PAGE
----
The Bauhaus School: Principles, Aesthetics and Legacy

May 10, 2023

The Bauhaus Art School, founded in Weimar, Germany, in 1919 by architect Walter Gropius, was a groundbreaking institution that brought about a radical shift in art, design, and architecture. With its innovative educational principles and unique aesthetic, the Bauhaus movement has had a profound and lasting impact on the world of modern abstract art. This article delves into the core principles, visual style, and influential teachers of the Bauhaus Art School, as well as its enduring influence on the art world.

At its core, the Bauhaus school sought to redefine the relationship between art and industry. Gropius envisioned a "new guild of craftsmen," a place where artists, designers, and craftsmen could come together to create functional and aesthetically pleasing objects that served the needs of modern society. This revolutionary approach to art education was rooted in the belief that artistic expression should be integrated with functional design and industrial production.

To achieve this synthesis, the Bauhaus curriculum incorporated a unique blend of traditional artistic disciplines and modern technologies. Students were encouraged to explore various media and techniques, from painting and sculpture to typography and metalwork, in order to gain a comprehensive understanding of art and design principles.

The curriculum at the Bauhaus was divided into three stages: the preliminary course (Vorkurs), the specialised workshops (Werkstätten), and the final synthesis (Formunterricht). The preliminary course, taught by artists such as Johannes Itten and Josef Albers, emphasised experimentation with colour, form, and materials, laying the groundwork for the students' future studies.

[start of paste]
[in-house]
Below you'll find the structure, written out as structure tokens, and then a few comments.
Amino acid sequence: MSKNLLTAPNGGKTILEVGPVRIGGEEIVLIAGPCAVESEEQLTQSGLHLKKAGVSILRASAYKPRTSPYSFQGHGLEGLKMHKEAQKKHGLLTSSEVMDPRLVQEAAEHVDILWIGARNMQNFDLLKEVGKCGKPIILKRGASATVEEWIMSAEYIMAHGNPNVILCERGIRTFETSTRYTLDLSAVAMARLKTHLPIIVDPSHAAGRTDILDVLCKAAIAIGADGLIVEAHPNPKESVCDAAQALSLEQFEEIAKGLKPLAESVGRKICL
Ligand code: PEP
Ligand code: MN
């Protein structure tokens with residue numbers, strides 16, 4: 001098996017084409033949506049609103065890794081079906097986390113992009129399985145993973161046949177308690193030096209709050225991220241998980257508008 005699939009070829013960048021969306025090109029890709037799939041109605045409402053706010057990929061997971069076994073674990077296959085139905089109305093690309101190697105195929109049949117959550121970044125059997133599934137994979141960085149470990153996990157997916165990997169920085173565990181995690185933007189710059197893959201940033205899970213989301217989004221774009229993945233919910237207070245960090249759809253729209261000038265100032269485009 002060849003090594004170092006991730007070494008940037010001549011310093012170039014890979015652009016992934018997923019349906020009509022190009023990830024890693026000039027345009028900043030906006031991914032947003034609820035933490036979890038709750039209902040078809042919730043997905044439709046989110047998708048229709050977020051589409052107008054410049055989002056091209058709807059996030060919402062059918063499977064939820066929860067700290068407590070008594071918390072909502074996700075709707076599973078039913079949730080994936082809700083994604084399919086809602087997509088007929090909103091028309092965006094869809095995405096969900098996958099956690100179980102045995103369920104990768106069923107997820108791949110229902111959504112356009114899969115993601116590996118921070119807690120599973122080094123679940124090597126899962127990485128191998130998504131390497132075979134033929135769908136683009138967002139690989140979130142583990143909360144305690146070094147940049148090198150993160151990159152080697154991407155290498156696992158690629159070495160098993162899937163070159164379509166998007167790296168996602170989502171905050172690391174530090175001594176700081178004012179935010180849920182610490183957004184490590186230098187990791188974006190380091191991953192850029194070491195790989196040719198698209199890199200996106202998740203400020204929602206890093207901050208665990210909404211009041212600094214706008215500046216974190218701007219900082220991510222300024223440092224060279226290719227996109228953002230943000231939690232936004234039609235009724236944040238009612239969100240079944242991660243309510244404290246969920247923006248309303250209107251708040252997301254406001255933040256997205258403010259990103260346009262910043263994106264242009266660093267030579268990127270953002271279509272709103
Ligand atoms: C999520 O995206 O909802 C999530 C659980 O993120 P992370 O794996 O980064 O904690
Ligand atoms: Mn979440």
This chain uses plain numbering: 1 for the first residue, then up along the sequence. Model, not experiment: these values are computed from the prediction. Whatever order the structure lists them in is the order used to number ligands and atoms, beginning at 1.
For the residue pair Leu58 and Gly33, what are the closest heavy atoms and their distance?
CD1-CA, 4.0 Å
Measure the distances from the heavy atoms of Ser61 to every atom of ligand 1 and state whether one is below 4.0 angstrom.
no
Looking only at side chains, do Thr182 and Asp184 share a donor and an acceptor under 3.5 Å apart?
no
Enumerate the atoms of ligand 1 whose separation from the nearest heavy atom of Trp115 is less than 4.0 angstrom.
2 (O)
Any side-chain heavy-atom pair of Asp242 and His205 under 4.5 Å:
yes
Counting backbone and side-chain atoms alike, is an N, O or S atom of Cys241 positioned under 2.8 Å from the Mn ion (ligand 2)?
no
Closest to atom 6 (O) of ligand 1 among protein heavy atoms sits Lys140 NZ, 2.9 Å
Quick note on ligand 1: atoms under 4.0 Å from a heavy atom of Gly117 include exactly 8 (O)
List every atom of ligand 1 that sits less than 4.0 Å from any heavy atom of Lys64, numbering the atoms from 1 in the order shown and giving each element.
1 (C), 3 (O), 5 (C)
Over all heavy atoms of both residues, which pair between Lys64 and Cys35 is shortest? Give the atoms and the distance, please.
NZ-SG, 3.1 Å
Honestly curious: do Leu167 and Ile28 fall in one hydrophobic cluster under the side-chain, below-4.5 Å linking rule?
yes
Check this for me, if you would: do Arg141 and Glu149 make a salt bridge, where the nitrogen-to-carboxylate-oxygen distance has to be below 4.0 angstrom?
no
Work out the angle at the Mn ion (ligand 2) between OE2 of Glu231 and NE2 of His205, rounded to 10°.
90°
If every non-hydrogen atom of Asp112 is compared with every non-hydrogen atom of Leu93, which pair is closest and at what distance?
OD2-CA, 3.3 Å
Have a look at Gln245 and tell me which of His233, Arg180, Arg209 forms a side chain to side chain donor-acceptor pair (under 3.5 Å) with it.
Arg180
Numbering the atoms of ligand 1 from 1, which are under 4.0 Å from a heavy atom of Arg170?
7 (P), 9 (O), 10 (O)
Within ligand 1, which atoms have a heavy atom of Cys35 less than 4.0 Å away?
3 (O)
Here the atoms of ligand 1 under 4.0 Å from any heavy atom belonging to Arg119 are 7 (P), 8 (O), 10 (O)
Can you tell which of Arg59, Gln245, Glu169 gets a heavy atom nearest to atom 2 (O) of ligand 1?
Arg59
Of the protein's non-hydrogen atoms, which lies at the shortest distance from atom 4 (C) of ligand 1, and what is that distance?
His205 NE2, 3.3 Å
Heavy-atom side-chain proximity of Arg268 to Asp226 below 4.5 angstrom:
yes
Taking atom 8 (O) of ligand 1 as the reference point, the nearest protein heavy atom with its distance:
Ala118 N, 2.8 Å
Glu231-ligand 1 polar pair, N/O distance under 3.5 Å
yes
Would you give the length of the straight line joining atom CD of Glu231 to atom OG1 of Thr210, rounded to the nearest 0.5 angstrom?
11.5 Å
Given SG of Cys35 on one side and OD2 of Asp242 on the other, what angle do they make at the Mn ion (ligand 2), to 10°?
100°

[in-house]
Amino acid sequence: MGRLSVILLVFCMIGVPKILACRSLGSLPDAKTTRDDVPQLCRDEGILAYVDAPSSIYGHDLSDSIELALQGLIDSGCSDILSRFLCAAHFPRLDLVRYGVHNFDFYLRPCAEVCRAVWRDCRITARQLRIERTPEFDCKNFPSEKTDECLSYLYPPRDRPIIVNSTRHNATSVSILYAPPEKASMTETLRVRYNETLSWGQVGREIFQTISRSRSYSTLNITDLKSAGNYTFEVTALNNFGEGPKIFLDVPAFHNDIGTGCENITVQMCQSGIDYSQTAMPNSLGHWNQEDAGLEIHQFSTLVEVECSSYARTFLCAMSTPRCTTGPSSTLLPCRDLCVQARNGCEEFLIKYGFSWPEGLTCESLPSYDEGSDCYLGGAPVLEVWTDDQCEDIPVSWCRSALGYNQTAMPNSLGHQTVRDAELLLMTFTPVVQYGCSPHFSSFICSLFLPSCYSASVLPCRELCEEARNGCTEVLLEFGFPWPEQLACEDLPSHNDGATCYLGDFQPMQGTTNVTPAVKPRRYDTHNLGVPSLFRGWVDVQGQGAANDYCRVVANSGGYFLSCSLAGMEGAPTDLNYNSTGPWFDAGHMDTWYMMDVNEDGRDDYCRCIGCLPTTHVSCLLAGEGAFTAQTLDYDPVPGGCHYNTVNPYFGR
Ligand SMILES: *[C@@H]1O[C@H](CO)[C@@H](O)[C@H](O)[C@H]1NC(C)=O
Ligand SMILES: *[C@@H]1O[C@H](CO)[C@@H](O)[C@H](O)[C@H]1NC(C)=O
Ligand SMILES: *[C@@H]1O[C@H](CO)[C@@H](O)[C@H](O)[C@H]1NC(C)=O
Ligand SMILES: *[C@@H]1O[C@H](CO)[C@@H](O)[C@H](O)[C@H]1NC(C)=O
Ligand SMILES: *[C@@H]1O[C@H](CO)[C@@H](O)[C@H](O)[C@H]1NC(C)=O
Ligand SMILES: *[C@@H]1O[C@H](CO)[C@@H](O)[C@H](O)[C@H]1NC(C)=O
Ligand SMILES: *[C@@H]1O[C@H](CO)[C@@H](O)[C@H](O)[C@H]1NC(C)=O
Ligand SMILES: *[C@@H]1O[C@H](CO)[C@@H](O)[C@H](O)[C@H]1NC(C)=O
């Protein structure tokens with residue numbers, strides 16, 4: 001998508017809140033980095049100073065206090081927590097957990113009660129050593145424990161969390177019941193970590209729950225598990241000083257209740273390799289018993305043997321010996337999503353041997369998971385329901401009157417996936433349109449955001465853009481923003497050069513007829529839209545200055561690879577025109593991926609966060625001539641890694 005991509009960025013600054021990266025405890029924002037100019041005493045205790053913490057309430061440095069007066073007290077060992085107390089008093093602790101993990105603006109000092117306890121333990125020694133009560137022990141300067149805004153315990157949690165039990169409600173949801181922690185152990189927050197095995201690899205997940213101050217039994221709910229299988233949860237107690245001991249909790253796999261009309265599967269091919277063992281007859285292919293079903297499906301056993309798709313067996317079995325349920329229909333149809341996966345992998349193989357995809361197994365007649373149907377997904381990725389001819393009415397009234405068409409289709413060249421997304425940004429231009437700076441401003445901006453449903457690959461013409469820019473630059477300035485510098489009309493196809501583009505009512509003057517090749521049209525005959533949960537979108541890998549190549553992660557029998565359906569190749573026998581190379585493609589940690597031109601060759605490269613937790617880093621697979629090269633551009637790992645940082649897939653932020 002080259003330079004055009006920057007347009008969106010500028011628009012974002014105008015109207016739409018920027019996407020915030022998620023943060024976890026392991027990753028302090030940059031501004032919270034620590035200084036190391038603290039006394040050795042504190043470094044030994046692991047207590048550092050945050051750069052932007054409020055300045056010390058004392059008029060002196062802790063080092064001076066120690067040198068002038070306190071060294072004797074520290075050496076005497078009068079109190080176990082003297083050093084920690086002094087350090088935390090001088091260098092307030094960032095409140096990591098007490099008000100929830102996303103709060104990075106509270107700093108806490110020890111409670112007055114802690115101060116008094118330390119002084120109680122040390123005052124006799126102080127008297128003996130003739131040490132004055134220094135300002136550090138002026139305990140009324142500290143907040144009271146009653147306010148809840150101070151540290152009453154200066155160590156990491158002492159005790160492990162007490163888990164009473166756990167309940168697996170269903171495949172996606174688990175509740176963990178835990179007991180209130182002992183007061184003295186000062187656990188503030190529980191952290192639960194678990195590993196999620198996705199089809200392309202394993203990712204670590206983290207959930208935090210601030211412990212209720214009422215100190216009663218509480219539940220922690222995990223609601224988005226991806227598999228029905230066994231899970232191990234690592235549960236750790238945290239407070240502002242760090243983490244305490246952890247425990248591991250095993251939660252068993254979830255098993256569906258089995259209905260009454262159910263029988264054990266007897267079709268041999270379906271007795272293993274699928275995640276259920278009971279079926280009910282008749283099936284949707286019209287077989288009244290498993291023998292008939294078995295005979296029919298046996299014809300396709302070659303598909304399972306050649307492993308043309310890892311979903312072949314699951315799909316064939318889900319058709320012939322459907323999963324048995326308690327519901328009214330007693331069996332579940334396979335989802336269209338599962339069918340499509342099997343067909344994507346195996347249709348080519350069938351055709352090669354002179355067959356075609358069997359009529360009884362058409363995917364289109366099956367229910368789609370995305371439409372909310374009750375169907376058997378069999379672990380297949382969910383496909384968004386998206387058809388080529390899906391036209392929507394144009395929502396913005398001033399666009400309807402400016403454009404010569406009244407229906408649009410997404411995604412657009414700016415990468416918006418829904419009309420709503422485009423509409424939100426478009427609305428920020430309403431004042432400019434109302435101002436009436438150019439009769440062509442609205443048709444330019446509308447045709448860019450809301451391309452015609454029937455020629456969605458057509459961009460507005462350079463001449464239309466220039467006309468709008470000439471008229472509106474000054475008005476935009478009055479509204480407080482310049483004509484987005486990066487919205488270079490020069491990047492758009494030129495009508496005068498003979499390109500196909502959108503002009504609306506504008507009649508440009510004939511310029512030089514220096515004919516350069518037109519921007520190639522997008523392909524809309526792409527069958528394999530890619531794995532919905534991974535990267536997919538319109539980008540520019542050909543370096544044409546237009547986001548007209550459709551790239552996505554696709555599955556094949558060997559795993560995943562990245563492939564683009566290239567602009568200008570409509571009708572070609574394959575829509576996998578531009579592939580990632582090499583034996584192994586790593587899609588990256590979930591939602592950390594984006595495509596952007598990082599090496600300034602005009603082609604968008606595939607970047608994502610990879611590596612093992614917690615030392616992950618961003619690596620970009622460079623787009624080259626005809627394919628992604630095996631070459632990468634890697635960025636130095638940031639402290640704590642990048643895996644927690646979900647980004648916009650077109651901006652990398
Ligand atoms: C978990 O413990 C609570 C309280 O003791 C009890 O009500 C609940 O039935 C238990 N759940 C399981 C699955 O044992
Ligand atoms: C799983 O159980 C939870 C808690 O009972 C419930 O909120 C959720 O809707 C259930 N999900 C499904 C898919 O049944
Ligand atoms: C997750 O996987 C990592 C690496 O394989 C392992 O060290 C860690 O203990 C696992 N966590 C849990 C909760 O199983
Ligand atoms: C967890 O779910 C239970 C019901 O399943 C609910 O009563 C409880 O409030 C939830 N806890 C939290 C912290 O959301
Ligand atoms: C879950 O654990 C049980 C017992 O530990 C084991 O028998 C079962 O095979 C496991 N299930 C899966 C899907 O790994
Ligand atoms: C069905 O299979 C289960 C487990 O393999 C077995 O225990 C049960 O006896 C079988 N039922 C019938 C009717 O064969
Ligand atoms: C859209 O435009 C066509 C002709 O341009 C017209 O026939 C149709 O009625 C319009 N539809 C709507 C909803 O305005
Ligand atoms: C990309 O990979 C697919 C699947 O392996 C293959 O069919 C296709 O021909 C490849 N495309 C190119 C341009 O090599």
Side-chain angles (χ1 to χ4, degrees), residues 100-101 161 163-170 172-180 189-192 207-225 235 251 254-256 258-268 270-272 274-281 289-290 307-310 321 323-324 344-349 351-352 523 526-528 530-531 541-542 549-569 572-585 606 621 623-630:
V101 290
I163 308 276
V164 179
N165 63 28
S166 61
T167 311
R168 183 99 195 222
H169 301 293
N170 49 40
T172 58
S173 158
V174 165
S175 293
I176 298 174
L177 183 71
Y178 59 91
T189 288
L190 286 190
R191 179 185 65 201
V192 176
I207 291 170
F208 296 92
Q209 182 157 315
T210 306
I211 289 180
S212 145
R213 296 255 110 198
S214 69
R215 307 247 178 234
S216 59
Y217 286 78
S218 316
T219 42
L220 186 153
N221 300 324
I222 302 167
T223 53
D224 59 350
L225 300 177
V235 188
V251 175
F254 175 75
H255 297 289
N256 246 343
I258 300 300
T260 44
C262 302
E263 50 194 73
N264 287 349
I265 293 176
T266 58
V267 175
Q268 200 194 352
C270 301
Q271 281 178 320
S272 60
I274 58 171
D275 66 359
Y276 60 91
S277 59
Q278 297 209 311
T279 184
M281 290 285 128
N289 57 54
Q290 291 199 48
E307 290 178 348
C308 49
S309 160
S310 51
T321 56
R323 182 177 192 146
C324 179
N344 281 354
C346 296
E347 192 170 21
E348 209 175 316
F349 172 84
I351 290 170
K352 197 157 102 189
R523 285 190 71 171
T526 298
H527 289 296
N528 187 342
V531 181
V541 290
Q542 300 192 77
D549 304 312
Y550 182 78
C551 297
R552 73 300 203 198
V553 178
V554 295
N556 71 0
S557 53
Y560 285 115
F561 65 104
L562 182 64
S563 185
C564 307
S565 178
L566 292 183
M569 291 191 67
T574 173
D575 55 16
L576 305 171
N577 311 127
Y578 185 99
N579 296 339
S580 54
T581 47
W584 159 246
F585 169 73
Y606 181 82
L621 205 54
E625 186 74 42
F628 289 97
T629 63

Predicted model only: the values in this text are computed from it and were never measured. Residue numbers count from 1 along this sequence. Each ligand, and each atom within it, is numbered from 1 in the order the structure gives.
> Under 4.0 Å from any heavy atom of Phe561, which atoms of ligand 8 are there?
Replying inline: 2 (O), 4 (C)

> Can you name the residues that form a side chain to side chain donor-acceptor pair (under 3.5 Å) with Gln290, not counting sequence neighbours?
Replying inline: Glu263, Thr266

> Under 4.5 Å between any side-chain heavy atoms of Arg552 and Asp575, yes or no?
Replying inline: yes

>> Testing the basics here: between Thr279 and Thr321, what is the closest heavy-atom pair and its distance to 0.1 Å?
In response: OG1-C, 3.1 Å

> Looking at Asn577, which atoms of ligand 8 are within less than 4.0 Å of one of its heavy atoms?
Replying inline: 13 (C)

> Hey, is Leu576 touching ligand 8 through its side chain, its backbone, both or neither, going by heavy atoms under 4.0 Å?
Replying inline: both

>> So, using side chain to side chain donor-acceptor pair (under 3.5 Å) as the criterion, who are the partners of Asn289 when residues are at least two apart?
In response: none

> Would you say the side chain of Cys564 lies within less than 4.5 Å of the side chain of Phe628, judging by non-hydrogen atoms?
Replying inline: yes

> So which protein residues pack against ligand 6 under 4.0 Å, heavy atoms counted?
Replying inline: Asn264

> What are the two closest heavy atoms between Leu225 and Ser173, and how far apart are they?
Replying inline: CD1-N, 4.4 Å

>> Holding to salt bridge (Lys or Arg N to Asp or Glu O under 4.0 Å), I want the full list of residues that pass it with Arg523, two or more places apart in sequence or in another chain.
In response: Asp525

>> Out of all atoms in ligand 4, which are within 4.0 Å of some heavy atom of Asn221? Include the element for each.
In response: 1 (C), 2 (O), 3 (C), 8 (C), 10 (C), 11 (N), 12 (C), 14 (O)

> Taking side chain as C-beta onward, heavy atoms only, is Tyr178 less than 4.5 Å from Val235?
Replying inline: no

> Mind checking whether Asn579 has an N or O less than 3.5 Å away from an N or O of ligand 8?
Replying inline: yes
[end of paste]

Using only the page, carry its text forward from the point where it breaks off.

The specialised workshops, led by masters of various crafts, allowed students to delve deeper into their chosen disciplines. The workshops included metalworking, woodworking, ceramics, textile design, graphic design, and many more. The final synthesis aimed to unify the skills acquired in the previous stages, fostering the creation of well-rounded, interdisciplinary artists capable of shaping the future of art and design.

Works by Josef Albers, a tutor at the Bauhaus school - see more here.

The Bauhaus aesthetic was characterised by a focus on functionality, simplicity, and the use of modern materials. The movement rejected the excessive ornamentation and decorative elements of earlier art movements, seeking to find beauty in the essence of objects and structures. The Bauhaus style placed a strong emphasis on geometric shapes, minimalism, and clean lines.

This approach to design can be seen in the iconic objects created at the school, such as the Wassily Chair by Marcel Breuer, the Bauhaus Cradle by Peter Keler, and the typography work of Herbert Bayer. The visual language of the Bauhaus was centred on harmony, balance, and the unity of form and function, creating a distinct aesthetic that continues to resonate with contemporary artists and designers.

The Bauhaus Art School attracted some of the most influential artists and teachers of its time, many of whom played a crucial role in shaping the modern abstract art world. Among these teachers were Wassily Kandinsky and Paul Klee, both of whom contributed significantly to the Bauhaus aesthetic and educational principles.